Courts have decided many recent Alice challenges based
on whether the invention at hand is "physical" or not.
Others determine patent-eligibility based on whether a human can
practice the invention in their mind, or with pen and paper. Still
others challenge patent-eligibility by defining the invention and
dismissing other elements as "conventional" computer
components. But what if those other components are physical,
The case of 2-Way Computing, Inc. v. Grandstream Networks,
Inc., 2:16-cv-01110-RCJ-PAL (D. Nev. Oct. 18, 2016 Memorandum
Order and Opinion) dealt with this very issue. In 2-Way
Computing, the court heard an Alice-based §101
challenge to an invention that translates audio data packets to
enable audio communication. The claims include several elements
found in conventional electronics, such as a network interface, a
microphone, a speaker, and an audio input and output unit. Claim 1
of the asserted patent is essentially a listing of these
conventional, physical devices followed by a large paragraph
setting forth steps performed by computer software to perform the
intended function of translating data packets into recognizable
The court performed an Alice analysis and determined
the invention was not directed to an abstract idea. Although
Grandstream argued the invention was as simple as "translating
information to enable audio communication," the court was not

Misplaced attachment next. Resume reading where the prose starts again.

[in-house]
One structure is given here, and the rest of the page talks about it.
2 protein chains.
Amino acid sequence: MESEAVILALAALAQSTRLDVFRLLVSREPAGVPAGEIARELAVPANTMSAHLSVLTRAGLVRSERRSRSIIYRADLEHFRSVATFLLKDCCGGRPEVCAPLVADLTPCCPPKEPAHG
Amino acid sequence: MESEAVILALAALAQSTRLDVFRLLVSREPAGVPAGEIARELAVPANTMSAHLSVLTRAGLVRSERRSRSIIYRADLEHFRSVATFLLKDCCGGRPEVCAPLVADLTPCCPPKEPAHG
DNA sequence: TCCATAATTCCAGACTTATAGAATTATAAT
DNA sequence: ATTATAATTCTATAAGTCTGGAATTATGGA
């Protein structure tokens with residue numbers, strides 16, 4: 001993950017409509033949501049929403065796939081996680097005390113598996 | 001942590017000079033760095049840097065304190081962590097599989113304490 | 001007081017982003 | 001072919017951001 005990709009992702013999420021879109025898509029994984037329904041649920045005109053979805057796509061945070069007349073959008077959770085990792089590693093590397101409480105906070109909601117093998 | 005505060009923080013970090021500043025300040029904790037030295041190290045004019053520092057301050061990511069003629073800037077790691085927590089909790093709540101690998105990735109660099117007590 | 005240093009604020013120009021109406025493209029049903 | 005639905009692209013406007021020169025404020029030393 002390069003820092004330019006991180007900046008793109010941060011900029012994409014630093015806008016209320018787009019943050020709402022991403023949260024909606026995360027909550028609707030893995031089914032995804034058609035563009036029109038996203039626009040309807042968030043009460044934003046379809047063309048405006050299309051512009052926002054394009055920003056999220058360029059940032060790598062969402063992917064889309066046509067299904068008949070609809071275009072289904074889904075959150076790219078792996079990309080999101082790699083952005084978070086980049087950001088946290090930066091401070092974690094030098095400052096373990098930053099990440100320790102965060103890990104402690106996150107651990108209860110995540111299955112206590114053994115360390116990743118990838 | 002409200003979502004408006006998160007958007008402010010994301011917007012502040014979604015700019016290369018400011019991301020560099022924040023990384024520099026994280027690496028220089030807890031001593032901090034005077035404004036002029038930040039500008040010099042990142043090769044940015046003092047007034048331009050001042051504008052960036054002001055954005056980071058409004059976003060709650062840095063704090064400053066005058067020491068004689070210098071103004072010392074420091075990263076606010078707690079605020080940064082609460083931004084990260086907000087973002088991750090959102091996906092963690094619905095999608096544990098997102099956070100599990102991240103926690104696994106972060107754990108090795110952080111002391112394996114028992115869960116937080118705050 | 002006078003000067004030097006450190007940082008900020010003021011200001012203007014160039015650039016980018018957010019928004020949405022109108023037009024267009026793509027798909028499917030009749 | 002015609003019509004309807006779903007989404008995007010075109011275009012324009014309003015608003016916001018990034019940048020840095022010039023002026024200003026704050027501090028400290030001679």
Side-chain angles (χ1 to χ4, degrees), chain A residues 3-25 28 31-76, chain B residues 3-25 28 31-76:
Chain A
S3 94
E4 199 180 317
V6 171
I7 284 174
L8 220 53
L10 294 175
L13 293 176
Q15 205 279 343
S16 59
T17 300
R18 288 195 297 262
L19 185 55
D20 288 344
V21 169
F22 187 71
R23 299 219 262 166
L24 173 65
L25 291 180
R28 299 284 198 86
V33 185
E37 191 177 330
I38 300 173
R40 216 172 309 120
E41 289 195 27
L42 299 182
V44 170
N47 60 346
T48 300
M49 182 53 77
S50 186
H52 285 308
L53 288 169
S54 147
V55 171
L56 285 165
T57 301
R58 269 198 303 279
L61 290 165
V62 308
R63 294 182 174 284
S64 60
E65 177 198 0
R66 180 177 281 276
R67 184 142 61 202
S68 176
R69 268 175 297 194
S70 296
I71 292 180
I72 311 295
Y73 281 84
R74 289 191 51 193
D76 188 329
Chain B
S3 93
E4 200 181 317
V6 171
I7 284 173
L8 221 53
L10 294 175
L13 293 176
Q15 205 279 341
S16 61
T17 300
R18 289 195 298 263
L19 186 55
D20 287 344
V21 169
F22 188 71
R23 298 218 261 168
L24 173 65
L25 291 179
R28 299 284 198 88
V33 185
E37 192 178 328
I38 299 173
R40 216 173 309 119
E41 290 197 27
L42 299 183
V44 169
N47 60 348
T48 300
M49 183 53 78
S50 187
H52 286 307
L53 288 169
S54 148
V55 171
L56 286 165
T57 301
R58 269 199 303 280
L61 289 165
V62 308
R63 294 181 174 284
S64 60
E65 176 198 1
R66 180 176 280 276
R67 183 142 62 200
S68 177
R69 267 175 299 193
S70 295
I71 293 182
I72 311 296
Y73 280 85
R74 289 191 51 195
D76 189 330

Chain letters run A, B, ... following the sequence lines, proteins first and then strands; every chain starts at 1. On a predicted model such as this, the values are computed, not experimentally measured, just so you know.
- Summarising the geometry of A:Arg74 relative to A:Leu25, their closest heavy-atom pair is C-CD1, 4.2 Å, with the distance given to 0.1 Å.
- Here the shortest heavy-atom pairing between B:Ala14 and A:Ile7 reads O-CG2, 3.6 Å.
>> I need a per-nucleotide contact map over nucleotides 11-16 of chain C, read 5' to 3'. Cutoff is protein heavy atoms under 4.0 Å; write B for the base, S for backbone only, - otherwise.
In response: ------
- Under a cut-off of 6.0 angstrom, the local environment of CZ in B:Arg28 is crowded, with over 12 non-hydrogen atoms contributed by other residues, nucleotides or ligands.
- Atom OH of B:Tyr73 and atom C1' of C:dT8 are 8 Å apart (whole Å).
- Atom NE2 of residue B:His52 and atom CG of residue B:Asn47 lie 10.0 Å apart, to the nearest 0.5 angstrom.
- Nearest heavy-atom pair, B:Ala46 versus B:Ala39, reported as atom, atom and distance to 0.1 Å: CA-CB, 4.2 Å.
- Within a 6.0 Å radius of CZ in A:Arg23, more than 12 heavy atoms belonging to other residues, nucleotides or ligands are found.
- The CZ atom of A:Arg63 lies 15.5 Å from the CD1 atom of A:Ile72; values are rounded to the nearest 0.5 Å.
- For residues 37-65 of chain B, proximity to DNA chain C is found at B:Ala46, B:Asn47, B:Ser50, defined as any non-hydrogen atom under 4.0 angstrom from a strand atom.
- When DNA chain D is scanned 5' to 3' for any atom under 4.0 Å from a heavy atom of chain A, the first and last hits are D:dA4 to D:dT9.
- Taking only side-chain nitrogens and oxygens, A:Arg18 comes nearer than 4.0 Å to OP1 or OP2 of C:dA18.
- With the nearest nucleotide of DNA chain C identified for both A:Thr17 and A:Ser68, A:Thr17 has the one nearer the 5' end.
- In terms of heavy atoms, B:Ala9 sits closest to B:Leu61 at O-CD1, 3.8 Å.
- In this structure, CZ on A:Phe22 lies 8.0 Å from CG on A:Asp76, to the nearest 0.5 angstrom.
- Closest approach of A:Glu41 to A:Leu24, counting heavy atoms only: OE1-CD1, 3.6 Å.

convinced and found there to be no abstract idea. The court
The question of unpatentability of abstract ideas under
Alice Corp. is not whether an invention can be understood
or described in the abstract, i.e., in one's mind ... but
whether the invention can be practiced in
the abstract ...
(Emphasis in original). The court then emphasized the physical
nature of the invention when declining to invalidate the claims
under §101: "The Court is not convinced that Claim 1 is
directed to an abstract concept. Rather, it is directed to a
concrete, physical task."
Many software patents include claims that recite software steps
within a larger framework of a physical device. For example, some
software patents utilize vehicles or machines where physical
devices use software to carry out the intended purpose of the
machine. This case provides at least persuasive authority that such
patents should withstand §101 attacks because the components,
while conventional, are not conventional
computer components like those discussed
in Alice. Instead, they are "concrete" and
The content of this article is intended to provide a general
guide to the subject matter. Specialist advice should be sought
about your specific circumstances.
To print this article, all you need is to be registered on Mondaq.com.
Click to Login as an existing user or Register so you can print this article.
In Wasica Finance GmbH v. Continental Automotive Systems, Inc., No. 15-2078 (Fed. Cir. 2017), the patentee Wasica Finance discovered, among other things, the importance of using consistent terminology in the patent specification and claims.
While under attack for several years now, the patent infringement defense of laches was dealt a serious, and likely final, blow by the recent Supreme Court case of SCA Hygiene Products AB et al. v. First Quality Baby Products LLC et al.
Mintz, Levin, Cohn, Ferris, Glovsky and Popeo, P.C.
On April 6, 2017, the Federal Circuit reversed-in-part and affirmed-in-part the district court's judgment of infringement and summary judgment for non-infringement of The Medicines Company's ("MedCo") patents-in-suit.
Register for Access and our Free Biweekly Alert for
This service is completely free. Access 250,000 archived articles from 100+ countries and get a personalised email twice a week covering developments (and yes, our lawyers like to think you’ve read our Disclaimer).